Today is International Buy Indie Day. Get out your wallets, and buy one book – paperback, hardcover, audiobook – at an independent bookstore near you. And while you’re at it, support another independent business, like the small coffee shop that isn’t part of a big chain of stores. I’ll be buying my joe at The Gorham Grind.
Here’s a brief list of recommendations from some of my recent reading. I’m open to suggesting other titles as well; feel free to ask.
If you’re looking for some really great fiction about music, check out the just released Please Step Back (Ben Greenman). I’m still reading it, and don’t usually recommend a book if I haven’t finished it, but I feel safe with this one. The writing is just great, and the story – young man in the 1960’s comes from nothing, makes himself into a funk/rock star – is probably our age’s modern mythology. It’s funny and interesting and wistful. If jazz is more your thing, I’ll again suggest you pick up a copy of Joseph Coulson’s Of Song and Water. Similar mythology, but also concerns manhood, father and son relationships, boat building, and racism. Coulson is a writer I wish more people knew about; if your bookstore doesn’t have a copy of this one, ask them to order it for you.
If you want something more focused on the funny, have a look a the recently reissued A Meaningful Life. First published in 1971. Main character Lowell Lake finishes college with the intention of becoming a writer, and ends up instead in a lousy job as a technical editor for a plumbing magazine. His wife’s a dud, and so is he, but he finds a possible shot at making something of himself. This isn’t the first line of the book, but it’s close, and for me it was the hook:
One morning not long after his thirtieth birthday, Lowell woke up with the sudden realization that his job was not temporary.
If you’re in the mood for something serious, have a look at Paul Harding’s book Tinkers. It’s got really beautiful writing, and the story – “An old man lies dying. As time collapses into memory, he travels deep into his past where he is reunited with his father and relives the wonder and pain of his impoverished New England Youth.” – will follow you around for weeks afterward. The opening, which has the old man in his sickbed as his house falls apart around him, is extraordinary. This book reminded me of Laird Hunt’s Indiana, Indiana – also an extraordinary book.
Mystery fans? Take a look at The Manual of Detection. Jebediah Berry turns the genre upside down and shakes it ’til it sings. The less you know about it before reading it, the better; here’s a brief summary:
In this tightly plotted yet mind- expanding debut novel, an unlikely detective, armed only with an umbrella and a singular handbook, must untangle a string of crimes committed in and through people’s dreams.
Read it now, before it is seized for a film adaptation. If there was ever a book that screamed for a Tim Burton adaptation with Johnny Depp, this is the one. … Then again, there’s also Britten and Brulightly, the debut graphic novel by Hannah Berry. I’m not a big one for graphic novels, generally – my appreciation largely begins and ends with the adaptation of Paul Auster’s City of Glass – but this has a nice look to it, and the mystery falls in line nicely with City of Glass and The Manual of Detection.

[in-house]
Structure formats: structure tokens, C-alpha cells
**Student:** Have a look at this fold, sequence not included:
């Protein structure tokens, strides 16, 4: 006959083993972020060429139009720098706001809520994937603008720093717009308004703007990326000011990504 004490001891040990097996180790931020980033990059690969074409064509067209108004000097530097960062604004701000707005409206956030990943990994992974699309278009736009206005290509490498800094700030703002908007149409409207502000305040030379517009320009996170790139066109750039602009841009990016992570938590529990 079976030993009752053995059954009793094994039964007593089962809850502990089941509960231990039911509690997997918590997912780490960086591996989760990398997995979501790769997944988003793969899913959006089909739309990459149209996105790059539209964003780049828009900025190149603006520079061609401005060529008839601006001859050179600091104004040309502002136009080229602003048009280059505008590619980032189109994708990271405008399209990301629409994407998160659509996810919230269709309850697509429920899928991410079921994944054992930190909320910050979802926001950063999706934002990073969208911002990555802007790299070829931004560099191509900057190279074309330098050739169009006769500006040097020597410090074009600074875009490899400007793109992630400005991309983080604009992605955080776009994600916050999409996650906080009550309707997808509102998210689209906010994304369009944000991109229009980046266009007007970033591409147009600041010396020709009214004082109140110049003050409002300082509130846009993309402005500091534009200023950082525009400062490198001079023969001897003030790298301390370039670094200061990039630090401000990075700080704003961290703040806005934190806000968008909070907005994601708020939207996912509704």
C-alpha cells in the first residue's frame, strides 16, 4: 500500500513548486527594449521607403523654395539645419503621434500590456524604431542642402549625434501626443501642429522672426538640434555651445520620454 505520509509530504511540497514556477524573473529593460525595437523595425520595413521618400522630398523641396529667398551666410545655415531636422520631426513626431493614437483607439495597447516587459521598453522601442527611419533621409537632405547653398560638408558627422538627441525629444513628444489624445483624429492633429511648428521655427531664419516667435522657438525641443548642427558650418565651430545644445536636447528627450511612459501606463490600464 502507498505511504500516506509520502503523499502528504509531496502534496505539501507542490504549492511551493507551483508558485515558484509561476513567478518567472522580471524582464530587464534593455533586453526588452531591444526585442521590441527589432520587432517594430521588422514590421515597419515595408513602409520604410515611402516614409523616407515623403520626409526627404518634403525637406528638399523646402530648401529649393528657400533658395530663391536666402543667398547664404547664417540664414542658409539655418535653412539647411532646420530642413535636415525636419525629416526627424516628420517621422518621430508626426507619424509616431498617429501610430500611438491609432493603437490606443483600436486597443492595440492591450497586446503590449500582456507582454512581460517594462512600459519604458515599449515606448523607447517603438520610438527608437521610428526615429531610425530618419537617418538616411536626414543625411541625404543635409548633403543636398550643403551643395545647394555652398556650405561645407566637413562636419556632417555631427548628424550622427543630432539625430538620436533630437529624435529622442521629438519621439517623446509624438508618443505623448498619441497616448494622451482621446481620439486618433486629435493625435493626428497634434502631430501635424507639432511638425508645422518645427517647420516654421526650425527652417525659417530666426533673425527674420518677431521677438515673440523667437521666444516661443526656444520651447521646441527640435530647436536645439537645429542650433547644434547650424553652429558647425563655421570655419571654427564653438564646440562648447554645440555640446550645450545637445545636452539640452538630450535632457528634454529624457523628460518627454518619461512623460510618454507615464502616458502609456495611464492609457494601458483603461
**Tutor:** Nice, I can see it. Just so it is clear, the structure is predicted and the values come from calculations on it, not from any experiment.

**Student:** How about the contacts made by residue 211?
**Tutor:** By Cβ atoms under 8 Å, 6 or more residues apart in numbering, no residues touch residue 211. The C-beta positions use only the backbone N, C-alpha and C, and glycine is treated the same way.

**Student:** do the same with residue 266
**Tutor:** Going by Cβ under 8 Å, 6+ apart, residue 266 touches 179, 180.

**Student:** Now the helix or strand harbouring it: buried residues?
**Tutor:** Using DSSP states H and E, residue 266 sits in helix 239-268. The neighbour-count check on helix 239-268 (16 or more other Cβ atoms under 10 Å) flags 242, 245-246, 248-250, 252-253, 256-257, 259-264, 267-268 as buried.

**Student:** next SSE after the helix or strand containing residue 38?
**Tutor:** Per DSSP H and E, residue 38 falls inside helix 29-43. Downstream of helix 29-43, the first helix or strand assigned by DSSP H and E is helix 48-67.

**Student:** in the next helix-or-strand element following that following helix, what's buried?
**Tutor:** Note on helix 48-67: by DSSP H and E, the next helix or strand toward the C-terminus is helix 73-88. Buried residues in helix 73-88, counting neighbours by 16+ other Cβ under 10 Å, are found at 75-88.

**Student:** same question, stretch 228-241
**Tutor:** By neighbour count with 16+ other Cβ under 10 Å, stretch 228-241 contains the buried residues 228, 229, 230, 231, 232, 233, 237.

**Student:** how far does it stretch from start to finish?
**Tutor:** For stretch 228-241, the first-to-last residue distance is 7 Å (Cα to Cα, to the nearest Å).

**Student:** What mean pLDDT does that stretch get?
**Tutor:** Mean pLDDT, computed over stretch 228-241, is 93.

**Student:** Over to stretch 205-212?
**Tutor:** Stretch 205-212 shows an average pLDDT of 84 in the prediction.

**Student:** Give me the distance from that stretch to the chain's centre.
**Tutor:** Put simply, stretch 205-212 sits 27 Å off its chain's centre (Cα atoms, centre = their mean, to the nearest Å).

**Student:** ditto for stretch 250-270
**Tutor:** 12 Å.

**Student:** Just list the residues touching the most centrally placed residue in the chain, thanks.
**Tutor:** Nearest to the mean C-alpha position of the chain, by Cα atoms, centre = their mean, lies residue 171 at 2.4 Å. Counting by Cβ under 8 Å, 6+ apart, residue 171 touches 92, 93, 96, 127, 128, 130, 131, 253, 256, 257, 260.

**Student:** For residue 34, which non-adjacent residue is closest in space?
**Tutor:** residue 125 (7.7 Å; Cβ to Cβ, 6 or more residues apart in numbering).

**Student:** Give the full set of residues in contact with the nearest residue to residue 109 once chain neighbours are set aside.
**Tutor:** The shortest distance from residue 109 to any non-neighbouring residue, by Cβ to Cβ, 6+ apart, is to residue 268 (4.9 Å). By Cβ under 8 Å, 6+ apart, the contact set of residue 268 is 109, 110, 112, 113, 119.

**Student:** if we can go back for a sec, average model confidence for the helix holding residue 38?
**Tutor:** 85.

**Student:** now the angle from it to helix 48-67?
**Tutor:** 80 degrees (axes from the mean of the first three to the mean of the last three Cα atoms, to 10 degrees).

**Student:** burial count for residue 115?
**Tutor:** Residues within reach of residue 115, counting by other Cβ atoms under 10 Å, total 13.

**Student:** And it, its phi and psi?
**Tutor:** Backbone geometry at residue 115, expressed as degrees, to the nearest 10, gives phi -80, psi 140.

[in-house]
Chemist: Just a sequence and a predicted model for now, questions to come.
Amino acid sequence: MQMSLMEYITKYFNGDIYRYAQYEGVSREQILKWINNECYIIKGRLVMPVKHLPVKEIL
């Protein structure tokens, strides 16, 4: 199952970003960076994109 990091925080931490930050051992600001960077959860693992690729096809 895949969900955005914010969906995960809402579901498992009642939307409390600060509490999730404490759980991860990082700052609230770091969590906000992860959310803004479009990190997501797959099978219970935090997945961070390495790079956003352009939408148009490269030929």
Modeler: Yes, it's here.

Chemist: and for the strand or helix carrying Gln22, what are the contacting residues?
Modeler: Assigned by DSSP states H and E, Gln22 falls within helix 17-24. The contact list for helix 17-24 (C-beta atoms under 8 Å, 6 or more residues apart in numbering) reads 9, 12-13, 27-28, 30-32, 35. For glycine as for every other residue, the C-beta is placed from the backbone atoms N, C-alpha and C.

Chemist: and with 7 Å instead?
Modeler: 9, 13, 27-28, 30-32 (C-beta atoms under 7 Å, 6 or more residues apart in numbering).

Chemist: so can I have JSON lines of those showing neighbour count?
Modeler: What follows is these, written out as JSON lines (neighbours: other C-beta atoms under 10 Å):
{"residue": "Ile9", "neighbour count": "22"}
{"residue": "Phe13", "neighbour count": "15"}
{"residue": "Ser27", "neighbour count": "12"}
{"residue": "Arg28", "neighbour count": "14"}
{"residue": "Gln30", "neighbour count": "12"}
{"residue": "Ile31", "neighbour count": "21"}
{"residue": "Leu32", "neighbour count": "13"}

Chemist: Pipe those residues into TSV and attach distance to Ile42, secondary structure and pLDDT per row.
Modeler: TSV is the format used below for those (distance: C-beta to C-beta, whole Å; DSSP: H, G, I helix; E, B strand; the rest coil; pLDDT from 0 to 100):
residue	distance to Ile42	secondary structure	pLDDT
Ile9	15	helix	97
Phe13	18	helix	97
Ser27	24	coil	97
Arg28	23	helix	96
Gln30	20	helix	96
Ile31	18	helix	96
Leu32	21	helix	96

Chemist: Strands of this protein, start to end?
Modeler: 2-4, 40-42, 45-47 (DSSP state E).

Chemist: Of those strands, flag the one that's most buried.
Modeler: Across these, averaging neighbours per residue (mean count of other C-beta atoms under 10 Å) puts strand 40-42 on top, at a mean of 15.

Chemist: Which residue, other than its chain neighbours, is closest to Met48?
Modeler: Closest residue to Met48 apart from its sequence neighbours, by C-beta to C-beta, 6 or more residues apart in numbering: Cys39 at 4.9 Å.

Non-fiction: folks interested in the origins of H1N1 (“swine flu”) and what the future holds would do well to take a look at Paul Roberts’ The End of Food. If Michael Pollan’s In Defense of Food and The Omnivore’s Dilemma were paintings, The End of Food would be a mural. A big one. With a lot of details. It’s exceptional reporting on the coming food crises that is only now starting to get a coverage in the press. Production, delivery, and the marketing of food that so many people just accept as truth all get looked at, both as problems and as solutions. Blurbs are shit, generally speaking, but as blurbs go, this one is spot-on: “For anyone concerned about the future of food, this is an indispensable book.” Who’s the blurber? Michael Pollan.
Additional good reads:
The Dart League King by Keith Lee Morris (fiction)
Last Days and Fugue States by Brian Evenson (fiction)
When Skateboards Will Be Free by Said Sayrafiezadeh (fiction)
Some Things that Meant the World to Me by Joshua Mohr (fiction)
The Great Perhaps by Joe Meno (fiction)
The Mirror Effect: How Celebrity Narcissism is Seducing America by Dr. Drew Pinsky (non-fiction)
Castle by J. Robert Lennon
Circulation by Tim Horvath
Best bet for finding the independent bookstore closest to you is using IndieBound’s great search page. They’ll give you all the info you need about the stores that are closest. If you don’t live near one of the stores, or can’t get away from your desk, I humbly suggest clicking here.
Briefly, why shopping at independent stores is a good thing:
When you shop at an independently owned business, your entire community benefits:
- Spend $100 at a local and $68 of that stays in your community. Spend the same $100 at a national chain, and your community only sees $43.
- Local businesses create higher-paying jobs for our neighbors.
- More of your taxes are reinvested in your community–where they belong.
- Buying local means less packaging, less transportation, and a smaller carbon footprint.
- Shopping in a local business district means less infrastructure, less maintenance, and more money to beautify your community.
- Local retailers are your friends and neighbors—support them and they’ll support you.
- Local businesses donate to charities at more than twice the rate of national chains.
- More independents means more choice, more diversity, and a truly unique community.